The use of laser-based therapeutics has revolutionized glaucoma management. Laser treatment is considered to be both safe and effective in helping control the disease. Many types of laser treatments exist:
- Selective Laser Trabeculoplasty (SLT) – SLT treatment is an in-office, cold laser that is carefully and precisely applied in the eye for the treatment of certain types of open angle glaucoma. When performed by a fellowship trained glaucoma surgeon, the treatment can be effective, painless, and extremely safe. Dr. Joseph is an expert with the SLT laser and is the only glaucoma specialist in North Texas to be directly trained by the inventor and developer of the laser, Dr. Mark Latina.
- Laser Peripheral Iridotomy (LPI) – LPI treatment is usually performed in-office for closed angle glaucoma or to prevent closed angle glaucoma from developing. The “angle” in the eye contains drainage channels that are important in allowing normal fluid egress from the eye. When the angle becomes closed or starts to show signs of closing, the drainage channels are not able to function properly, which can lead to intermittent high eye pressure, progressing glaucoma, and sometimes permanent vision damage. Successful LPI treatment provides the eye with an alternate drainage channel so that the eye pressure remains stable and normal at all times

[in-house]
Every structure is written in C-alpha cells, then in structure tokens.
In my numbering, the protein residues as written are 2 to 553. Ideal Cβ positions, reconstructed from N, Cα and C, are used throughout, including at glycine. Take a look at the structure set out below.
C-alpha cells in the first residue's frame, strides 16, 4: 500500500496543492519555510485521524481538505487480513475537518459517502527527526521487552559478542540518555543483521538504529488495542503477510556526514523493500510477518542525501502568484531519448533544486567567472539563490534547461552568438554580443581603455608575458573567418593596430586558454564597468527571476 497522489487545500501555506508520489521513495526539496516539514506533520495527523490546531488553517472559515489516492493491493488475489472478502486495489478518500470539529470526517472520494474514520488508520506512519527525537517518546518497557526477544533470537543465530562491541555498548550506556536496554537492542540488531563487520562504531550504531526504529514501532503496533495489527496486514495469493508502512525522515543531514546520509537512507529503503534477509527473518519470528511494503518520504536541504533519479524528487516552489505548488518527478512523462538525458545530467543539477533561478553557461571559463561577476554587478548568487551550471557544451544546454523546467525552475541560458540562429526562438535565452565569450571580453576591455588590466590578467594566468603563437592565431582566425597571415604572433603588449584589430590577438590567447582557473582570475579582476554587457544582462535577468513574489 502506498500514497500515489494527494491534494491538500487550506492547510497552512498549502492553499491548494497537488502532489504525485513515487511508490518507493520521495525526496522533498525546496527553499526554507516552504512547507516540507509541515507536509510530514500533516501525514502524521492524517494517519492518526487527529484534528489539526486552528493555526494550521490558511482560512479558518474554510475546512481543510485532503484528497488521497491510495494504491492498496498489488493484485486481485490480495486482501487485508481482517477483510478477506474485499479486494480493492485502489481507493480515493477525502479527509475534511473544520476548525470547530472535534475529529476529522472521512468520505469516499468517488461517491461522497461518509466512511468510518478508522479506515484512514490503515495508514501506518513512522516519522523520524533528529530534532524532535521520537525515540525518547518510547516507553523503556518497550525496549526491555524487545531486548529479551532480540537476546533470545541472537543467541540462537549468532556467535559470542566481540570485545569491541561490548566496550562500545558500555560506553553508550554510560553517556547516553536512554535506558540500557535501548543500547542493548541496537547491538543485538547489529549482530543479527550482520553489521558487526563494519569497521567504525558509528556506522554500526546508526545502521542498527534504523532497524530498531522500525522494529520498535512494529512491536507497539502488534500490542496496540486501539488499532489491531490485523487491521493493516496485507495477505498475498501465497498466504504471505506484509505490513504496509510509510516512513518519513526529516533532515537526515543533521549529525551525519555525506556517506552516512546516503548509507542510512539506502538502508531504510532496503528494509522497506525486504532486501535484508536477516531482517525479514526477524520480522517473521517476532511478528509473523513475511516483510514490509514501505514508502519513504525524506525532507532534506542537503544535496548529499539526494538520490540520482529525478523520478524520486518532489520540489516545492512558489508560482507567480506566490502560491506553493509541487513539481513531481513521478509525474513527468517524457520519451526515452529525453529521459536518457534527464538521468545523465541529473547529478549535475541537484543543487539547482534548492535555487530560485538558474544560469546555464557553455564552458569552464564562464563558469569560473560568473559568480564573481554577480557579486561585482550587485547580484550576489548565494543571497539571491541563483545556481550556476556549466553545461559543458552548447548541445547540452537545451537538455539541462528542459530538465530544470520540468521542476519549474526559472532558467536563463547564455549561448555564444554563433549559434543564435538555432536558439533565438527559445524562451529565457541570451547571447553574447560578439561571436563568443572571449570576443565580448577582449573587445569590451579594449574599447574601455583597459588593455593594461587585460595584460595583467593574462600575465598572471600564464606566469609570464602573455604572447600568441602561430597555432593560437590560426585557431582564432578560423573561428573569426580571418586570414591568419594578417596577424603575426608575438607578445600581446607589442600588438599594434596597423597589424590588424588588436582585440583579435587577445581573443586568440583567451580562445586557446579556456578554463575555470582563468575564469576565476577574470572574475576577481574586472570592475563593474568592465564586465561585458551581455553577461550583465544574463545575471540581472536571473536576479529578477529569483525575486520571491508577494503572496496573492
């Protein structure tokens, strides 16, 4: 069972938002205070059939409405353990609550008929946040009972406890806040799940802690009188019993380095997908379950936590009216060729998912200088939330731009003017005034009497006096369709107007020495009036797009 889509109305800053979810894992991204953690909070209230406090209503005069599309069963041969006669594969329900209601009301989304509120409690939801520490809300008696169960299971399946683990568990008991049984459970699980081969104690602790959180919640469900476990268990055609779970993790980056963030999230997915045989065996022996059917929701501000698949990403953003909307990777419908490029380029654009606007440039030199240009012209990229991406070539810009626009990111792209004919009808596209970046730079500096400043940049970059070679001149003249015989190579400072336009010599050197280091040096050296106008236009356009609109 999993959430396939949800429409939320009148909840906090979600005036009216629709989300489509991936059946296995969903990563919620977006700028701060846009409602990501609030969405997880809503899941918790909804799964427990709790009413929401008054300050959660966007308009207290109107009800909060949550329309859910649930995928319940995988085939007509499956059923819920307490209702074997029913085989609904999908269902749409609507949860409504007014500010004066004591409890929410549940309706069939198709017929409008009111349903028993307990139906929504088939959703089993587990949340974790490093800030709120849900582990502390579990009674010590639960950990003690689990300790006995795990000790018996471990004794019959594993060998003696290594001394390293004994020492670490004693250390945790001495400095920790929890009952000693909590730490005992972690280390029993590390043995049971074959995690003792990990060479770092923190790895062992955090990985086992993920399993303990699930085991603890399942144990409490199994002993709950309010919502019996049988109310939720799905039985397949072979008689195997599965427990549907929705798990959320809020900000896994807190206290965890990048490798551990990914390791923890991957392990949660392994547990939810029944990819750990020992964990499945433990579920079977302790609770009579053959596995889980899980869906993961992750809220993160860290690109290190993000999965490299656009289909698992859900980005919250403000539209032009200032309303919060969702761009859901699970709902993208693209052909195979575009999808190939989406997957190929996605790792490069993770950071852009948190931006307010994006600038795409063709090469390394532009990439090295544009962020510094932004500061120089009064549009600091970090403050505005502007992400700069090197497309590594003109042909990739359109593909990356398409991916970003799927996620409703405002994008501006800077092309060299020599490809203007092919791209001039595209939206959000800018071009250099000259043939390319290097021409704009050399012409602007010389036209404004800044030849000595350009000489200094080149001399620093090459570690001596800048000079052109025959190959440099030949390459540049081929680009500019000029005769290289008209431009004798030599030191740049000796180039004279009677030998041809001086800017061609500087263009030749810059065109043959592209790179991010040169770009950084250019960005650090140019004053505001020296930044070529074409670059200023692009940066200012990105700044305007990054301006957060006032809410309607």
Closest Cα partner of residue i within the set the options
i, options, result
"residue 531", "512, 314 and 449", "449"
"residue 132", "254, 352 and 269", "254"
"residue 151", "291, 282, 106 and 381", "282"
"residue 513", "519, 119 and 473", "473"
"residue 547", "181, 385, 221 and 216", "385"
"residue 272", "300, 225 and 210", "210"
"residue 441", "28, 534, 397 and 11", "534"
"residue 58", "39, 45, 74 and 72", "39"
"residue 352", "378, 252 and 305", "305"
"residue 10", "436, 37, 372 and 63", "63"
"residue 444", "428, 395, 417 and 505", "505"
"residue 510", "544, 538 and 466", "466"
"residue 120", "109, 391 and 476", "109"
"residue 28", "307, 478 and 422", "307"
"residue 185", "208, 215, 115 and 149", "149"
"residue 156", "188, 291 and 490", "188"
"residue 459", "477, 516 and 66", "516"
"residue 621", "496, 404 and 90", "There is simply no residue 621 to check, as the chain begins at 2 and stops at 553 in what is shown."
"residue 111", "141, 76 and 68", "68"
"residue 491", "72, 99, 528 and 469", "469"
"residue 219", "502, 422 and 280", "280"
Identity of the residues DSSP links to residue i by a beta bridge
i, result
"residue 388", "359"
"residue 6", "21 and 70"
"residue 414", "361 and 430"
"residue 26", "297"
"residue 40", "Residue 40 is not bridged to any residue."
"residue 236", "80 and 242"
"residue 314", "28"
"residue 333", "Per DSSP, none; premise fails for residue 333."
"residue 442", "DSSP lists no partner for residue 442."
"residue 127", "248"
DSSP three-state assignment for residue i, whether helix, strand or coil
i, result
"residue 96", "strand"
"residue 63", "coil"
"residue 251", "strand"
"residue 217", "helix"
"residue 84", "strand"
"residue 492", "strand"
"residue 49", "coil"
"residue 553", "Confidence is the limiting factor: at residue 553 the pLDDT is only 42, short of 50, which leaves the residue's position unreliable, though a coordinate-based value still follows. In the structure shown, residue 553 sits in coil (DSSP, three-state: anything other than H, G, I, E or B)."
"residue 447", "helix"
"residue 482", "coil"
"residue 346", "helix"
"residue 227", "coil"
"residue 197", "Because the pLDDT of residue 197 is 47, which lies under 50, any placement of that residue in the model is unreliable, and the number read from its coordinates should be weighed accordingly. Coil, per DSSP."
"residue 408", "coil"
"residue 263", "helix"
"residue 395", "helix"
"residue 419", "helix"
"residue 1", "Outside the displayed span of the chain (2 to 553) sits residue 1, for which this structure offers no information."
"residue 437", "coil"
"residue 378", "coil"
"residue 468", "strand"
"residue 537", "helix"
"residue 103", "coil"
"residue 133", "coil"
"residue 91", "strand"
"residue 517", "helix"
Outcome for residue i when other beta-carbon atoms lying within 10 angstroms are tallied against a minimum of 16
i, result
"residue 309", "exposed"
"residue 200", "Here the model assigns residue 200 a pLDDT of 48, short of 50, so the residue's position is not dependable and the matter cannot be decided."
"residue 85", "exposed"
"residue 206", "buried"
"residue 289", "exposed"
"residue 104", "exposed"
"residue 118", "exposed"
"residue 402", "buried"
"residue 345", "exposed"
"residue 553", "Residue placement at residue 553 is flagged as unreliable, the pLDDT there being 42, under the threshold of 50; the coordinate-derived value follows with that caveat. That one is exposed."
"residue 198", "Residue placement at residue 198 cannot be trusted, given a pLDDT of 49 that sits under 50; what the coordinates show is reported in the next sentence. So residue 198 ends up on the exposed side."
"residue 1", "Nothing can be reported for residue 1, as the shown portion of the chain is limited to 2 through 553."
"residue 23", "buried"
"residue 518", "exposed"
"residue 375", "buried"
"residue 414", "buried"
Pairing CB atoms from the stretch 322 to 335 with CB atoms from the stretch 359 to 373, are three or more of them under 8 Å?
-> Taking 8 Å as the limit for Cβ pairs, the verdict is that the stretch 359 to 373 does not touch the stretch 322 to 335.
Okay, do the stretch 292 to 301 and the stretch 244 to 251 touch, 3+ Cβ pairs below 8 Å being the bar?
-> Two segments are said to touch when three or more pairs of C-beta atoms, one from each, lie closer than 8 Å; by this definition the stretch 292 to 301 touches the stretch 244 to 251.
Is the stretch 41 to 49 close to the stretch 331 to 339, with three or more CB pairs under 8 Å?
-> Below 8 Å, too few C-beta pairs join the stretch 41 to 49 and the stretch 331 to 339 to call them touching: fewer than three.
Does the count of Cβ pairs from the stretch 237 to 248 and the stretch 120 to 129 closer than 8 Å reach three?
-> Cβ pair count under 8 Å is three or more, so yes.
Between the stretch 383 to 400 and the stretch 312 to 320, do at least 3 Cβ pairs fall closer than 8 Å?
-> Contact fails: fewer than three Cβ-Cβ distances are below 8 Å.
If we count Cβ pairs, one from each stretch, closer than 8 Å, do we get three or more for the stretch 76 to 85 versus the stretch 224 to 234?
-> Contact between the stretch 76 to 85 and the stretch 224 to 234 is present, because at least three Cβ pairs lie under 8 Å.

- Endocyclophotocoagulation (ECP) – ECP is a surgical laser that can be used in all stages of glaucoma. During the procedure, the eye is anesthetized and then a small incision is made to allow a laser probe into the eye. The laser is then gently applied directly to the ciliary body, the part of the eye responsible for making aqueous humor. By shrinking the ciliary body, the goal is to reduce the amount of fluid produced, thus lowering eye pressure and protecting the eye from worsening glaucoma. ECP treatment can be performed by itself, but it is often combined with other procedures such as cataract surgery or other glaucoma surgeries.
- Trans-scleral Cyclophotocoagulation (CPC) – Trans-scleral CPC is another surgical laser that is an effective tool for moderate to severe stages of glaucoma. Similar to ECP, the purpose of the laser is to shrink the ciliary body, which is the fluid producing part of the eye. Unlike ECP, the laser does not require a surgical incision into eye, and the application of the laser is based on anatomic landmarks and not direct visualization of the ciliary body.